A few nights ago I watched Palestinian folkloric dance and theatre performed by the Ibdaa dance troupe. The group is the third generation of dancers, consisting of ten boys and ten girls from the Dheisheh refugee camp in the West Bank. The troupe performed at the University of Massachusetts-Amherst campus, the first stop in a countrywide tour to raise money for the Dheisheh refugee camp. The audience of nearly 200 Palestinians, Arabs, community activists, and curious students eagerly awaited the new generation’s first folkloric (debke) performance in the US.
During the show a Palestinian boy in red garb stood at the head of the stage with his arms raised, proudly waving a Palestinian flag. Boys dressed in green and gold adjacent to girls in purple and gold stood behind him. The children stared into the audience serious-faced, flashing the sign of peace.
The troupe’s performance “depicts the history and aspirations of Palestinian refugees,” and provides the children much needed exposure and an opportunity to express their humanity and courageousness through dance and theatre. These young performers not only dance, but involve themselves in production, choreography, sound, and public speaking.
Founded in 1995, the Ibdaa Cultural Center in Dheisheh creates programs that help children and women cope with the hardships of refugee life through positive outlets. Nearly 1200 children and women make up the community center, which serves as an inspiration to the camp and Palestinians everywhere. The group initiated the first girl’s basketball team in a refugee camp out of the 59 camps that spread across historic Palestine, Lebanon and Jordan. Allowing people from around the world to experience Dheisheh, the center built a Guesthouse, which accommodates up to 45 people and serves guests in their restaurant with “reasonably priced meals.” The women’s committee of Ibdaa created a program that produces and sells Palestinian embroidery (tatriz) in the Occupied Territories and overseas. The center has a kindergarten, a library with more than 1000 books, workshops, and training programs in “health, human rights, leadership development, women’s empowerment, and technology skills” that readily equip Palestinians with the tools for survival and the values of integrity and justice.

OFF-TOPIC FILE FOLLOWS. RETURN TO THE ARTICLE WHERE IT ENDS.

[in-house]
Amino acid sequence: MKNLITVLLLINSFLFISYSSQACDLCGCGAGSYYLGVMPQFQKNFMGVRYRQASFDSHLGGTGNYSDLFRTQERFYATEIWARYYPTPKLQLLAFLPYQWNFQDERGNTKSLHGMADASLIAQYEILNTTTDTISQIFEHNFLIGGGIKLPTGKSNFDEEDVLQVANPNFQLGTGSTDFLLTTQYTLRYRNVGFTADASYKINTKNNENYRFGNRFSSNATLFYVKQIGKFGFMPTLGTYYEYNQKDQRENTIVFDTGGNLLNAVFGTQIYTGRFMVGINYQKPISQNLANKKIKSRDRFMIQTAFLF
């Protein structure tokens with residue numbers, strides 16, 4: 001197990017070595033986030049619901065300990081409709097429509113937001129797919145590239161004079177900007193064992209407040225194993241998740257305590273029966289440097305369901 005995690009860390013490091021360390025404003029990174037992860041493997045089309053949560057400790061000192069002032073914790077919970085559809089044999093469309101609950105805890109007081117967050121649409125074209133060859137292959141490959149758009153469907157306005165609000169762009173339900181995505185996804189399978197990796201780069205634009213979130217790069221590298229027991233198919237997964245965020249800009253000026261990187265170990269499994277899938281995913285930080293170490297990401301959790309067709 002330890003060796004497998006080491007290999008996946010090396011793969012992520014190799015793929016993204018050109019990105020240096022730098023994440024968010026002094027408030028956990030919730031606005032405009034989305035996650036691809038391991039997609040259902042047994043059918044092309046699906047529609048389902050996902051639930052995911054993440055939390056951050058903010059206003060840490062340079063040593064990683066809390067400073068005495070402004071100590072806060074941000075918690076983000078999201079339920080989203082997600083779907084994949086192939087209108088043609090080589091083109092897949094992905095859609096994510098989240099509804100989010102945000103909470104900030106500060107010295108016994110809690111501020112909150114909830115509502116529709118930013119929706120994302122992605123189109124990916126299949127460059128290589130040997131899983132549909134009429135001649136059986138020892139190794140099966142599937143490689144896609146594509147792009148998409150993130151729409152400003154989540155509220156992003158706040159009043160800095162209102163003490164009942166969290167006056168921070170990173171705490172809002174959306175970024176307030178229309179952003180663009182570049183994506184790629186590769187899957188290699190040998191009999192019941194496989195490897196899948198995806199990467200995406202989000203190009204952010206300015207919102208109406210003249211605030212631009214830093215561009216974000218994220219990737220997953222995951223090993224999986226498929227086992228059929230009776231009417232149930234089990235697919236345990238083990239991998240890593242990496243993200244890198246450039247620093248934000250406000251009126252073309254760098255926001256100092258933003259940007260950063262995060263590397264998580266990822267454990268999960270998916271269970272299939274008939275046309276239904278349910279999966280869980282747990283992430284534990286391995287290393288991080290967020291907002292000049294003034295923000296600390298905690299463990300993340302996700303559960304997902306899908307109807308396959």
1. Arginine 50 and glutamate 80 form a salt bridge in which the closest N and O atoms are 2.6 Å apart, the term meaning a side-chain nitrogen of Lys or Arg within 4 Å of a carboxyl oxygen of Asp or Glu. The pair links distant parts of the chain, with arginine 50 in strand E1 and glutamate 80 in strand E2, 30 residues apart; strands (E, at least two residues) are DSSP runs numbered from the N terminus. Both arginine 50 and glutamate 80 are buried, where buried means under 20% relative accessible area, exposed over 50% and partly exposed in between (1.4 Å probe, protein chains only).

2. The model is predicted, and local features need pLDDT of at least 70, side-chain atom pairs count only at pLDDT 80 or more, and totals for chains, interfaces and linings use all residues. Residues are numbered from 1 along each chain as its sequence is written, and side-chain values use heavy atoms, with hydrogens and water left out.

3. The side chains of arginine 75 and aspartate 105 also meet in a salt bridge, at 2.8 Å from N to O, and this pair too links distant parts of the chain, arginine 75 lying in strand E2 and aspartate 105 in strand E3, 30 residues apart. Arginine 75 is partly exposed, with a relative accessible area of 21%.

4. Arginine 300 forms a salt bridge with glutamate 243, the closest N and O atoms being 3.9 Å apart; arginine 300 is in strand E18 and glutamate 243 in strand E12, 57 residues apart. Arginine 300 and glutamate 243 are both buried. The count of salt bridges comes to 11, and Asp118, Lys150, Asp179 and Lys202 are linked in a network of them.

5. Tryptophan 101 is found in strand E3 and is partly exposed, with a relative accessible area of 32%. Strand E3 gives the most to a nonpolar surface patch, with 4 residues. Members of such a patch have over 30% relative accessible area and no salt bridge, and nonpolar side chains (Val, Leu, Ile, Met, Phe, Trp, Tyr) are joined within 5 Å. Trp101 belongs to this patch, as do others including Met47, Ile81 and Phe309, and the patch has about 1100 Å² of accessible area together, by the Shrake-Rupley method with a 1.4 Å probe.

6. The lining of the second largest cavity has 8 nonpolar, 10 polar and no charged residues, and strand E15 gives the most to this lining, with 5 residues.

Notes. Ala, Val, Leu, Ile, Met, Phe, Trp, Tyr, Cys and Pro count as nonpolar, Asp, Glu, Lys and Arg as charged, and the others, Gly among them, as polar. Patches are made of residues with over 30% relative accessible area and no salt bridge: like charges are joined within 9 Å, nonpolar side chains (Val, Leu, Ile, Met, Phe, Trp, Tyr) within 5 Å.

Ibdaa means “to create something out of nothing,” which is exactly the response necessary to 38 years of occupation. In 1948, when the camp was created, thousands of indigenous Palestinians fled to the Dheisheh from 45 villages west of Jerusalem and Hebron. Living in tents, while enduring the aftermath of Al-Nakba (The Catastrophe), the camp built from the ground up persevering through displacement and strife.
The children of the camp continue to move forward in a chaotic and tumultuous environment. One of the organizers of the troupe proclaimed on stage, “I learned how to throw rocks, before I could read or write.” Yet these 20 children are throwing rocks today in America, refusing to be held down by the pressures of occupation, while making a positive difference for themselves and their community, as well as debunking the negative perceptions surrounding Palestinian people.
At the reception after the show, the Ibdaa dancers mingled with their new American fans. These twenty children were comfortable and at home. One wouldn’t believe they were brought up in a refugee camp-more likely a suburban town in Western Massachusetts such as Amherst. Giving a human perspective to a dehumanized conflict is crucial in changing the common misconceptions in the US.
The Ibdaa dance troop will be touring the US, in 20 cities, over the next month with all proceeds going to the Dheisheh refugee camp. Support Palestine and support these children, come out in your community and be apart of this experience. For a tour list visit the Middle East Children’s Alliance (MECA) http://www.mecaforpeace.org/IbdaaNational.html and for more about Ibdaa and the Dheisheh camp visit www.dheisheh-ibdaa.net/home.htm
REMI KANAZI is the primary writer for the political website www.PoeticInjustice.net. He lives in New York City as a Palestinian American freelance writer and can reached via email at firstname.lastname@example.org